Make Time For Grief
Samaritan therapist Hannah Keesler shares a therapy strategy she uses with clients regularly to help them cope with grief.
“Grief takes time. Easier said than allowed,” says Samaritan therapist Hannah Keesler.
“Grief is painful, exhausting, isolating, and enraging. Often, we want to feel better and get back to “normal” as quickly as possible. However, grief can become complicated when we deny it, ignore it, or try to convince ourselves we are fine,” Hannah says.
“Allowing time for grief is one of the best ways to cultivate healing. One simple strategy I suggest my clients implement daily is “grief time.” The idea is to set aside time daily to grieve,” she shares.
“We do this with several activities in our day already including hygiene, eating, sleeping, and checking the mail. When we set aside time for something and prioritize it, it is less intrusive during other parts of our day,” Hannah suggests.
When you don’t have your lunch planned and you start to feel hungry at 11 AM, with no food in sight, you will begin to feel anxious and your mind will fixate on eating, Hannah explains.
Whereas if you have a plan for lunch, she says you can easily toss the thought and hungry feeling aside and return to your task at hand.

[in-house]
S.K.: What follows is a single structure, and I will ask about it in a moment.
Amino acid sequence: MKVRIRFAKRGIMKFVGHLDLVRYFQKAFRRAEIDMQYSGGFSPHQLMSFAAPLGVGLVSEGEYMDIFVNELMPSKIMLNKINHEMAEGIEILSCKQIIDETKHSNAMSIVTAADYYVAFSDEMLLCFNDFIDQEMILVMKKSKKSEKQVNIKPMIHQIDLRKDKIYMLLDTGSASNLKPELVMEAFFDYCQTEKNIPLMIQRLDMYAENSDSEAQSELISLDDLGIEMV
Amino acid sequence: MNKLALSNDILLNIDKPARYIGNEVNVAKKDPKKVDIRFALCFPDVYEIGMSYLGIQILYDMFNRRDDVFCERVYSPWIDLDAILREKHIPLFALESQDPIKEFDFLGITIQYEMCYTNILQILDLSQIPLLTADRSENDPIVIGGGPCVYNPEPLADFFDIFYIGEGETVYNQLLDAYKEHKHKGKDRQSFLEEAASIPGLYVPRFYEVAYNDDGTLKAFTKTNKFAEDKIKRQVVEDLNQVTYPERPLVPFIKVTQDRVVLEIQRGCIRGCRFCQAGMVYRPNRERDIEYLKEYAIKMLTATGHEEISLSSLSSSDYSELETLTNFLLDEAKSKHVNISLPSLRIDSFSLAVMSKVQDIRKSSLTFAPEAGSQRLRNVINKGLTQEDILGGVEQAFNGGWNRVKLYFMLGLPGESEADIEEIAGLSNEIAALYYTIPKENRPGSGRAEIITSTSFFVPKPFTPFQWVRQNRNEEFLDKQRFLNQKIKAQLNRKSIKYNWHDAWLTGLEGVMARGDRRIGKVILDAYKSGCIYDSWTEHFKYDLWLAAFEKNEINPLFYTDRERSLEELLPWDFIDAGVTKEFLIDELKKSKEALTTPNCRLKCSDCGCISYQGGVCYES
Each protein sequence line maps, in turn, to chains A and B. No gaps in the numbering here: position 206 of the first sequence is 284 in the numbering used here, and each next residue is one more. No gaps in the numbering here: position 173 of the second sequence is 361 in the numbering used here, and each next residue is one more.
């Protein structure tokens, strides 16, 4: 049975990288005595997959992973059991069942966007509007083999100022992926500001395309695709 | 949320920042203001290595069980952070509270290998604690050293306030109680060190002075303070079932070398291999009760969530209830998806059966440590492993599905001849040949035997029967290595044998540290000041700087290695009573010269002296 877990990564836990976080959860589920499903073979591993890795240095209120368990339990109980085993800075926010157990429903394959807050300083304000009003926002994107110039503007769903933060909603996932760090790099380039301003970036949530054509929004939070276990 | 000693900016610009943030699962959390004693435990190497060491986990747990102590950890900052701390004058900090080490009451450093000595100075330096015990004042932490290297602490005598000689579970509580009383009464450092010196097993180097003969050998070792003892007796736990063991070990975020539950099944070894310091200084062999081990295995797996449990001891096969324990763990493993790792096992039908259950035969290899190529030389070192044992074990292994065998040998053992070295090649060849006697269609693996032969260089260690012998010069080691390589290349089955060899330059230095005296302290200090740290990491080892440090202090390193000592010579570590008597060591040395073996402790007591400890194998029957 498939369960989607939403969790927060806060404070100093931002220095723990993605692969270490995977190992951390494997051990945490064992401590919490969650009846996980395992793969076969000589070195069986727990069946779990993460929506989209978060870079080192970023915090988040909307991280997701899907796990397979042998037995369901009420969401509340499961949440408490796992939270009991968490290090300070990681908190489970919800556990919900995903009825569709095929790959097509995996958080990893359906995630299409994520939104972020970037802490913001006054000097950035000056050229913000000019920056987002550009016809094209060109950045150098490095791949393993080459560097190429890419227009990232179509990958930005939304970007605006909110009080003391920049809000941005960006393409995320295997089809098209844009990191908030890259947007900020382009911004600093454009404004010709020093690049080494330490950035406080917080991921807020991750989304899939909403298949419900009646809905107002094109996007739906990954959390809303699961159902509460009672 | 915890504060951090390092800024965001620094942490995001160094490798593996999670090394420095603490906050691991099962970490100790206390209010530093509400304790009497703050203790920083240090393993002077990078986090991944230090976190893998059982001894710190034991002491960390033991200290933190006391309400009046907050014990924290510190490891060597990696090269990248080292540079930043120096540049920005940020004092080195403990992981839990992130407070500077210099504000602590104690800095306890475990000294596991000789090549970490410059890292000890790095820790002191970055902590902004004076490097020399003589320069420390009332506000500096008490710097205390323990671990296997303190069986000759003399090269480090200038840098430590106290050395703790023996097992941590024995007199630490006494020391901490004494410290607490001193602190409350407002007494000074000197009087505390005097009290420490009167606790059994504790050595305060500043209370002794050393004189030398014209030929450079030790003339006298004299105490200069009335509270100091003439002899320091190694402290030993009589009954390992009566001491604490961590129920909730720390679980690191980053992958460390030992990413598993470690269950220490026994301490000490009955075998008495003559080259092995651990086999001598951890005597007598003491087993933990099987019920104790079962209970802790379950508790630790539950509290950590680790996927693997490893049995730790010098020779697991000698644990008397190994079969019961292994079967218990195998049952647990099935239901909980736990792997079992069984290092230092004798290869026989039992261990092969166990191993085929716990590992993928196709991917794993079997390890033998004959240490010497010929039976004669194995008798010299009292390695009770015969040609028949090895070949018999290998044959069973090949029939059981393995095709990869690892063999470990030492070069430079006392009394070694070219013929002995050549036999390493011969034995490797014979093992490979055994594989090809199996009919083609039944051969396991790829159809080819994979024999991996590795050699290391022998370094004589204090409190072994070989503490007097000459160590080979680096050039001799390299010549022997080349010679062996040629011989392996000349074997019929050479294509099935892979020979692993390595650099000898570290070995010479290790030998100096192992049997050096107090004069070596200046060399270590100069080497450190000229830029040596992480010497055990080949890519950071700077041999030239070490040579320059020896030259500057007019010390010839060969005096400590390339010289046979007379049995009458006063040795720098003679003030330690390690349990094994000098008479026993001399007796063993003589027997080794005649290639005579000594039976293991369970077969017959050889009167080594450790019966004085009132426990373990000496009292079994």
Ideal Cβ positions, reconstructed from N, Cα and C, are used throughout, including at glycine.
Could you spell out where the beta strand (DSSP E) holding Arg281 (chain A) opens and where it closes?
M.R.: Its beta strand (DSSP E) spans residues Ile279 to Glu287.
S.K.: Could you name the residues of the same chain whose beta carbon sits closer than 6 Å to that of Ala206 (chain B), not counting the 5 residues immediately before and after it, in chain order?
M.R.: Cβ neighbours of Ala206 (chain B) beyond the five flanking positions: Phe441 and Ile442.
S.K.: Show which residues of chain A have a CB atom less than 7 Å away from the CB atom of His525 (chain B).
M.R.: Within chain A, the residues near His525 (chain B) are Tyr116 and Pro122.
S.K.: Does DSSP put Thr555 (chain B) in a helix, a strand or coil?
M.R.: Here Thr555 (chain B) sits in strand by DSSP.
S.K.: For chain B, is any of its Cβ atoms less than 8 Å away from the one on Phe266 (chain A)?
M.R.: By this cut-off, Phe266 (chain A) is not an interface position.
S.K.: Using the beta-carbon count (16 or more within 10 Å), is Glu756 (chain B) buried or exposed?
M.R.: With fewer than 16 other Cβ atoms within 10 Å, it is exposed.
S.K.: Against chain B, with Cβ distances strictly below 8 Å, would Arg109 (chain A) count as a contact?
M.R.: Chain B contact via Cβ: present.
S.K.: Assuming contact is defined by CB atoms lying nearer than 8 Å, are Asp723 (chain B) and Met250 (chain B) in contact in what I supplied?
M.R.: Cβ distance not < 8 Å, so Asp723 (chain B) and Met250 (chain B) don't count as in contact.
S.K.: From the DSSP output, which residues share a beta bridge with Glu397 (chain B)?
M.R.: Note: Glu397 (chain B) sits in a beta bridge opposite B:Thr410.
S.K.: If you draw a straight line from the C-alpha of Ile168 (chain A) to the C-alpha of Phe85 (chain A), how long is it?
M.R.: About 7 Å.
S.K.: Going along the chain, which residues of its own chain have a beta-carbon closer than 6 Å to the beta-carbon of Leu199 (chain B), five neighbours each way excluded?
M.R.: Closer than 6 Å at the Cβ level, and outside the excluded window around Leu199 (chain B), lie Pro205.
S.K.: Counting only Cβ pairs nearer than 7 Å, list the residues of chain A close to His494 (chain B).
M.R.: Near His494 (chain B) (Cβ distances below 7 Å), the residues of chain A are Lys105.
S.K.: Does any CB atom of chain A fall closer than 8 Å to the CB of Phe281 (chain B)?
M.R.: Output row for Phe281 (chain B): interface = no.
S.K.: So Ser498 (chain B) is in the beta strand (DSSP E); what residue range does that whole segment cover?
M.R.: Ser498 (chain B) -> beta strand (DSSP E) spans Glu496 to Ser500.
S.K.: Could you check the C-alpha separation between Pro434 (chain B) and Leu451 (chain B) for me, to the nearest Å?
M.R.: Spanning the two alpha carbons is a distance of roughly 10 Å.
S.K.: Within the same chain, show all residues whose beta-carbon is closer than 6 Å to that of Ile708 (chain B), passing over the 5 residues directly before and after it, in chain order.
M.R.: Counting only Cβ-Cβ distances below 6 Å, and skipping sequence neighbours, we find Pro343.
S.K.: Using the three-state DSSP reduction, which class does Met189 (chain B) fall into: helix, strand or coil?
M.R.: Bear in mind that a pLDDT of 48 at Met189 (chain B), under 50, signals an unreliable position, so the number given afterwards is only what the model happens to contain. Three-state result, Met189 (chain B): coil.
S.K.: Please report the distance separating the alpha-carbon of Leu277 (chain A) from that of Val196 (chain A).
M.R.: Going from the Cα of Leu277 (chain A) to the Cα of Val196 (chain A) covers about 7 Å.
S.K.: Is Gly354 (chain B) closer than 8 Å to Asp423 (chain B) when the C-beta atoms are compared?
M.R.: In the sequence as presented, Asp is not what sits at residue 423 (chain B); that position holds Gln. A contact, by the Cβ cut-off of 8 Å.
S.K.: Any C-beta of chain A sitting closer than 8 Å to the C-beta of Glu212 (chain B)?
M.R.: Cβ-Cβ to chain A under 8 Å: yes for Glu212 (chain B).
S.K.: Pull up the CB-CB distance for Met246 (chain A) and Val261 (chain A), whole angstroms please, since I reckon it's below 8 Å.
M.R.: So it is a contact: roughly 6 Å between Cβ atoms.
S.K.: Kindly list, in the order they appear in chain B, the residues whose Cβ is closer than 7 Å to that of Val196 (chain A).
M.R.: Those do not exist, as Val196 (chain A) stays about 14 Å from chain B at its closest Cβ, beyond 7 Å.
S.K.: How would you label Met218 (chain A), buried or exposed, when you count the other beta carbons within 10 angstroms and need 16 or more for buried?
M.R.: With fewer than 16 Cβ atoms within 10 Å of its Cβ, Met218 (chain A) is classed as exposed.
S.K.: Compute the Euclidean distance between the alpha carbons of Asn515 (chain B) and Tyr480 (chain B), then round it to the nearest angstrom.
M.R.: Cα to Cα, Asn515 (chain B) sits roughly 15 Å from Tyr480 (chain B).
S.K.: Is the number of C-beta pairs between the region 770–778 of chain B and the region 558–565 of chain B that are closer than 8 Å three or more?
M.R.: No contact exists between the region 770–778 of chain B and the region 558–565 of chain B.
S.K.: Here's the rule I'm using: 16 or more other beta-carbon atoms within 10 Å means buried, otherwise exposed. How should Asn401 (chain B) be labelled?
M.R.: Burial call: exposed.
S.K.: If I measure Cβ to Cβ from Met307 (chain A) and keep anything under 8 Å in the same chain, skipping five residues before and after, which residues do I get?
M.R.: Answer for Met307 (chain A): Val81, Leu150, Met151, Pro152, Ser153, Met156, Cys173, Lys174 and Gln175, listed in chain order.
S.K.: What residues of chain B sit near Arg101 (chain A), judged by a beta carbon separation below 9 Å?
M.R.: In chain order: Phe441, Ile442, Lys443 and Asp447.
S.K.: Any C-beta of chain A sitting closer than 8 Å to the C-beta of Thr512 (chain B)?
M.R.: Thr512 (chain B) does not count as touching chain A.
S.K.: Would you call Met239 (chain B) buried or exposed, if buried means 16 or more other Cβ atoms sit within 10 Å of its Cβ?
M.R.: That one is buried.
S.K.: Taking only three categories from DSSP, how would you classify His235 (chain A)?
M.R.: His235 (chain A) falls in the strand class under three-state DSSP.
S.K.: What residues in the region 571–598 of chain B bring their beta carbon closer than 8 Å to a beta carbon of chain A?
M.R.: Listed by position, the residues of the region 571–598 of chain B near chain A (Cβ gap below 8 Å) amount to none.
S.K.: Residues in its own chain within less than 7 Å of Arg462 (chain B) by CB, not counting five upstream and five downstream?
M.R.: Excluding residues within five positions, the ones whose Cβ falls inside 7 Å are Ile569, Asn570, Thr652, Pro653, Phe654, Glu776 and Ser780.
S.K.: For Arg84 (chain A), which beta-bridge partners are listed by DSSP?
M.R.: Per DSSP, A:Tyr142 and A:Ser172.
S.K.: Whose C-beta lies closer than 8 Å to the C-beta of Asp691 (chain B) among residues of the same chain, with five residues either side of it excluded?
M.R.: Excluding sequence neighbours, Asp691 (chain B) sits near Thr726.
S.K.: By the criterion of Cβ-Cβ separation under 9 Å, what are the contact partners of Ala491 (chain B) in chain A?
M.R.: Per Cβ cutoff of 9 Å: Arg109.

Hannah’s Steps To Implementing Daily Grief Time:
- Pick a time of day that you can consistently be present for grief.
- Choose the length of time (1 hour, 30 minutes, 15 minutes).
- During grief time choose something that will allow yourself to process the grief. (Ideas: writing, looking at pictures, walking, contemplating favorite memories, praying, talking with someone, or writing a letter to the deceased loved one.)
- While processing the grief, give permission to all and any emotions that occur.
- Once grief time is over, bring your activity to a close and remind yourself that you will return to this tomorrow.
- As thoughts/memories/feelings of grief surface throughout your day, remind yourself that you will think/feel/process it at the next grief time.
Hannah Keesler has been with Samaritan since 2013. She is a Licensed Professional Counselor and AODA (Alcohol and Other Drug Abuse) Counselor. Hannah currently sees clients ages 7 and up at our Menasha and UW-Fox Valley locations. Learn more about Hannah.
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